Police Use Excessive Force To Open OLY Port
Nov 10, 2007 17:16
This morning, the Olympia police force showed up in riot gear, clearly ready to use force to disperse the anti-war protestors who had blockaded the 2 entrances to the Port. As the sun began to rise after a rainy night, the truckers, Port workers and soldiers began to arrive. The truckers parked in the nearby parking lot. Several protestors directed the Port workers and soldiers to a side entrance so they could get to work. The anti-war protestors stated they it was not their intention to stop people from going to work at the Port.
The truckers continued to arrive but not the police. At just before 8 a.m. all the truckers left the parking. The Olympia Police soon arrived in cars with their tear gas and rifles—but no van. They clearly had no intention of arresting the peaceful protestors.
The anti-war protestors were engaged in civil disobedience and fully expected to be arrested. And that could have been handled peacefully without the use of excessive force.
However, the police had pepper spray and they used it—spraying people directly in the face. It is important to note that the protestors were sitting in front of the barricade. They were not engaging in any action against the police nor were they resisting.
One police officer in particular who did not have a badge number on his helmet began pepper spraying. The demonstrators were roughly picked up, some were dragged, some may have been pummeled—and a few of the police took special delight in throwing them to the side of the road, into the gravel parking lot. They got extra points if they threw someone in a mud puddle.
The police then threatened the witnesses standing in the parking lot. I should note that people were pushed off the sidewalk into the street and then pushed them off the street into the parking lot. The police then held the street and stopped all traffic. At some point, the police decided to start spraying pepper spread into the crowd of witnesses in the parking lot—who clearly were not violating any law or causing any trouble. Among the many people hit with the spray was the Olympian photographer.
Several people were severely injured by the pepper spray and the police did call the medics, who stationed themselves at the far corner of the parking lot. However, when I walked up to see what was happening, I saw all the medics and firefighters standing around enjoying the sun while fellow activists treated two young women. Oh—the firefighter did have some bottled water the activists could use to help wash out eyes. One women in particular seemed in acute pain, saying her face was burning up and she was shivering as if going into shock. One of the activists found a safely blanket to help keep her warm. The medics offered no blankets nor did they try to offer to make her more comfortable. When I asked the Fire Chief why they were not doing anything, he said, “it is better if their friends calm them down.” Calming down was not the problem. I then asked if they were concerned that she might go into shock, he said that she wasn’t exhibiting the signs of someone going into shock. What were they, I asked. She was too animated, screaming in pain, he said to be going into shock.
At one point, as the trucks began to drive into the Port, someone came running up the block to ask if the medics could attend someone who had his foot run over. The Chief said, no, that person should come here. This made little sense, so someone else asked why he would not go to help. The Chief said that this was a dangerous situation and he would not risk his people. But these are peaceful demonstrators, said the man. You can’t know that, said the Chief. Another on-looker responded, yes, I suppose they might get pepper-sprayed in the face.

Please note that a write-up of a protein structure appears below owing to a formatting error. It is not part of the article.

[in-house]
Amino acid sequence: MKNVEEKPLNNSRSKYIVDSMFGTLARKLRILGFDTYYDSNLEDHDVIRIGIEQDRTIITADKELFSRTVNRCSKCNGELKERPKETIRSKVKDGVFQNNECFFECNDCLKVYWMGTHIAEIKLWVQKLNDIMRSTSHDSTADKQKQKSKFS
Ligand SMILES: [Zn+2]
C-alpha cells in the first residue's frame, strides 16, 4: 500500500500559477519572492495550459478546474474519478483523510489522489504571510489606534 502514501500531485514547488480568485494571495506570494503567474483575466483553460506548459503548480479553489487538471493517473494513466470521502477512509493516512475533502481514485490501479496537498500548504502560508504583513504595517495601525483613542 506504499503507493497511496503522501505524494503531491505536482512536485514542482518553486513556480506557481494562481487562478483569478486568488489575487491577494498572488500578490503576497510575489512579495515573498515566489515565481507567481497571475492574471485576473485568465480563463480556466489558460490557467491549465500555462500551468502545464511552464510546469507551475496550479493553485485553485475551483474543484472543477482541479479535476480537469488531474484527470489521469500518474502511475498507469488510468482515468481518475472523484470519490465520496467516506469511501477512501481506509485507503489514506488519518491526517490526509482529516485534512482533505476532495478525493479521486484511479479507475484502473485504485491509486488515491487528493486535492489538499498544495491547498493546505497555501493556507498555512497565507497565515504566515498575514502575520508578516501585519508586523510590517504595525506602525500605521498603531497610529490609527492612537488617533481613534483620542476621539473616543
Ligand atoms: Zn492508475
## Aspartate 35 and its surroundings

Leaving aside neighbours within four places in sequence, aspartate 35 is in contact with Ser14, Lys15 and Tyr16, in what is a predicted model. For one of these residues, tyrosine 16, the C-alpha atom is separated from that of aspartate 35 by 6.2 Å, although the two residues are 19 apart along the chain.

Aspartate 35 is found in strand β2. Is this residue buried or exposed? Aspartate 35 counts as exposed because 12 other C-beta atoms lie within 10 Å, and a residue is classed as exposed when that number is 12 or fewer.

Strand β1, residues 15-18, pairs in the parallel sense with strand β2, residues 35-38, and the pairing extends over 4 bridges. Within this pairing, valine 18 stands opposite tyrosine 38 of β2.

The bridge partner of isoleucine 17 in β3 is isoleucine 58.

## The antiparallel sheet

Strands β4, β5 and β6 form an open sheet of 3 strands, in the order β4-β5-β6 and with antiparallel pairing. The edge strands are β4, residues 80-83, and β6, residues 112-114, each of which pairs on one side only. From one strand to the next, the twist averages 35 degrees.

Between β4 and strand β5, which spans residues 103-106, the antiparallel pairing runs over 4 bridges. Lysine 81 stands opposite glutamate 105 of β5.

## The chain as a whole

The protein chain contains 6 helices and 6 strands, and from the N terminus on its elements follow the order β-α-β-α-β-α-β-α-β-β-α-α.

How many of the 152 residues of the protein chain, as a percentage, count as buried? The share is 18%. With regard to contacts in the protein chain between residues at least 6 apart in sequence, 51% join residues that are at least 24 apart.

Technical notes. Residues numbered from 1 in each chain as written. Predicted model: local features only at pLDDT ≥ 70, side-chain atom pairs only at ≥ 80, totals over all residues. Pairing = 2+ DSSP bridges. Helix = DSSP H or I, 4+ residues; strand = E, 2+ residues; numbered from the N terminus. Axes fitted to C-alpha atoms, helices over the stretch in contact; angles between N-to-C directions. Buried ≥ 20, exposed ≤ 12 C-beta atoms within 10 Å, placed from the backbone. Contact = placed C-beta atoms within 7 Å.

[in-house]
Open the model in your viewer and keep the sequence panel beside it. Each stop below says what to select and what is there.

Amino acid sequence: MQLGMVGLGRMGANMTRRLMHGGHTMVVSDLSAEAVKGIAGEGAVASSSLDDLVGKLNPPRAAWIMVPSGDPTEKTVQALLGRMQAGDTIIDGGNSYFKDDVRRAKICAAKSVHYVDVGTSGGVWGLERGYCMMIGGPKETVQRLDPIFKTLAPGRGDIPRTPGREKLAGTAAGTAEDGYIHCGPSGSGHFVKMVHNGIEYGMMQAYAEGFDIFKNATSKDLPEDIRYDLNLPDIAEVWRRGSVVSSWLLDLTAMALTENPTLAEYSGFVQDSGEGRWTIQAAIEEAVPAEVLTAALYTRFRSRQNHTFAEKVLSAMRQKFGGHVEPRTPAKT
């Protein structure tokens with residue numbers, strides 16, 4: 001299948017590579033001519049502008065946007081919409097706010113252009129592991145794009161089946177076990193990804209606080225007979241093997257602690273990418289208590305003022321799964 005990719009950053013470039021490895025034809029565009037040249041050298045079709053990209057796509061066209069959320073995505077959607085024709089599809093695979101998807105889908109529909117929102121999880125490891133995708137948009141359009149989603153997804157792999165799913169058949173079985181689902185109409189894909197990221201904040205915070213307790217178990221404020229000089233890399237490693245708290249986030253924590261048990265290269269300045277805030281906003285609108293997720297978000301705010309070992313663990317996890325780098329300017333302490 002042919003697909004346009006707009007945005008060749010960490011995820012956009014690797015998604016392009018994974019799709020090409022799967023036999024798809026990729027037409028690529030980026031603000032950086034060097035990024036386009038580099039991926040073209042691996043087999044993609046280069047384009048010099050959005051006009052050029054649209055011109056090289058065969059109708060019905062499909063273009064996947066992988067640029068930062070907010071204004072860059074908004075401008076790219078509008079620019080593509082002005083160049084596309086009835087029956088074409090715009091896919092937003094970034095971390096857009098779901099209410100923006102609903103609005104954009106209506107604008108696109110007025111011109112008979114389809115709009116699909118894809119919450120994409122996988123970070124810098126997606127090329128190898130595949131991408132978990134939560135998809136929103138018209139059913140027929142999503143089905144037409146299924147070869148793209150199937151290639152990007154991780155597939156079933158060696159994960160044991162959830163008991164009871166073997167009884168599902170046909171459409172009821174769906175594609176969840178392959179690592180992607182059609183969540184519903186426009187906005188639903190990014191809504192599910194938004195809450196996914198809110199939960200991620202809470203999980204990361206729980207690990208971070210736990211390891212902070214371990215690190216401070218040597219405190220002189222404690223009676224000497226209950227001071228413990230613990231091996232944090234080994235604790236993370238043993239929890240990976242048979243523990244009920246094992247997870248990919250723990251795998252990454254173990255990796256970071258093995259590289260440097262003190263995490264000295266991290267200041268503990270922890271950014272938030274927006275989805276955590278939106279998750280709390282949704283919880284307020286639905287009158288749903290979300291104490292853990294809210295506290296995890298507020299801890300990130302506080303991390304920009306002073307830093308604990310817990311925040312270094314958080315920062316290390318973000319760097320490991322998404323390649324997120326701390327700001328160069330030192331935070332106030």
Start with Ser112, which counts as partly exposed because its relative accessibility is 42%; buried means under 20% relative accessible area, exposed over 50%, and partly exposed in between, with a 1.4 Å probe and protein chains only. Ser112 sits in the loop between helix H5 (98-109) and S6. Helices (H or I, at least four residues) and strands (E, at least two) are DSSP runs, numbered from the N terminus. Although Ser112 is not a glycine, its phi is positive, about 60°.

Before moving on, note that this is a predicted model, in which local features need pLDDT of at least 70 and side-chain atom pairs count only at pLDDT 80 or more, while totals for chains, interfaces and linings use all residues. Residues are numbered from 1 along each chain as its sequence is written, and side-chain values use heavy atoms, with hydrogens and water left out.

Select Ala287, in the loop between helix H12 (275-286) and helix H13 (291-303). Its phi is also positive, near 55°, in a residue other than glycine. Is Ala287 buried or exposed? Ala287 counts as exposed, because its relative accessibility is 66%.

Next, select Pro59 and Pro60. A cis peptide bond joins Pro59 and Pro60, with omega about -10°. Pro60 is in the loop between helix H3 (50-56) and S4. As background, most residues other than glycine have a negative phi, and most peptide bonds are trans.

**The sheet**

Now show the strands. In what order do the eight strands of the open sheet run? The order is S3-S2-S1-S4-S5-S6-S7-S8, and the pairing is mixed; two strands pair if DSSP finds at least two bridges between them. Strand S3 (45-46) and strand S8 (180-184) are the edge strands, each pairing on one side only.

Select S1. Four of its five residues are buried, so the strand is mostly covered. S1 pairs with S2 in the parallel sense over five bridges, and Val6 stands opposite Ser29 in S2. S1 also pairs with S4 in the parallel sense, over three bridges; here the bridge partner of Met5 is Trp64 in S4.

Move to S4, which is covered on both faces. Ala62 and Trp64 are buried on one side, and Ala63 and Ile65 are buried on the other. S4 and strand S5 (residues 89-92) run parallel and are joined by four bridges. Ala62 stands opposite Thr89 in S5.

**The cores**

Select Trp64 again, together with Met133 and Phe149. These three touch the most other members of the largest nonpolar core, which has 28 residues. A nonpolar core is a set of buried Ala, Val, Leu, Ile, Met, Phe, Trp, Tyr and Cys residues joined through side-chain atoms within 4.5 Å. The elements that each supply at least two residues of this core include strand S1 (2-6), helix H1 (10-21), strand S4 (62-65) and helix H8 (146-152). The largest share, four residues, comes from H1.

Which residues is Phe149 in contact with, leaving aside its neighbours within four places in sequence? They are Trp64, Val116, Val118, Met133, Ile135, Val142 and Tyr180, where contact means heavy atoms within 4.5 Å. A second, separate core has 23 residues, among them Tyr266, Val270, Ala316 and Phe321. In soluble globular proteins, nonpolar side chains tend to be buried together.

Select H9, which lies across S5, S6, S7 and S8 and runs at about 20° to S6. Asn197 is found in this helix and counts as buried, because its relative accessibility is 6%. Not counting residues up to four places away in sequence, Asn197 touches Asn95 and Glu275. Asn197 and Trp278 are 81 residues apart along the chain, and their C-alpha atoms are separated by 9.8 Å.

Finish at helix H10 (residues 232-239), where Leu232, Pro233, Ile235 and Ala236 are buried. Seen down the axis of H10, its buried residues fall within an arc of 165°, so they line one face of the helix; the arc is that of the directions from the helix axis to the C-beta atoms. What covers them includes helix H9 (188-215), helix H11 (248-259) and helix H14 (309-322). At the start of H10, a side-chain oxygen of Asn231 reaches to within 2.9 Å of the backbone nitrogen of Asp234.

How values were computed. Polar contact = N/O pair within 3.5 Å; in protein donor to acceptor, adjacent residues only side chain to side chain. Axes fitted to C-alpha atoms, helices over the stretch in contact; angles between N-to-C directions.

Finally, the Chief got uncomfortable and asked if the young woman wanted to go to the hospital. She wanted to go home and some of the activists said they would take her home. So, the Firefighters and the Ambulance left.
The barricades were quickly disassembled and the truckers drove quickly into the port. A little after 10, some truckers had loaded their cargo and drove away.
Curiously, the police kept anyone who looked like an anti-war activist off the sidewalk near the Port (and not all of them were) but seemed perfectly OK to let a few pro-war folks stay unmolested on the sidewalk. WTF? Why do the police have two standards for who can remain on a public sidewalk?
I have worked in government for several decades and have taught in public administration schools around the country. I have always believed that serving the public was a noble calling. This is the first time I have been witness to police violence against a peaceful group of demonstrators. I am ashamed of these public servants whose job it is to protect and serve, but who chose instead to act on emotion and prejudice.
It could have been easily handled. For one thing, the police could have just decided to wait out the demonstrators. What if people gave a demonstration and the police didn’t come? No action is an action. They could have just waited it out.
Alternatively, they could have negotiated the arrests—like they did in Tacoma and like they have done in DC at any number of protests. The DC police chief clearly understood that the job of the police was to protect the first amendment rights of the demonstrators as well as the rights of those that are the focus of the demonstrations. He knew that he as dealing with “kids with a cause” and did not overreact. Maybe the OLYMPIA police chief should get some training from the DC police.
The Olympia police chose violence. Why? I always like to attribute a lot of things to incompetence but I am not so sure that is the case here.
I am very proud of the young people willing to put themselves in harms way because they believe in democracy and because they oppose this illegal and immoral war.
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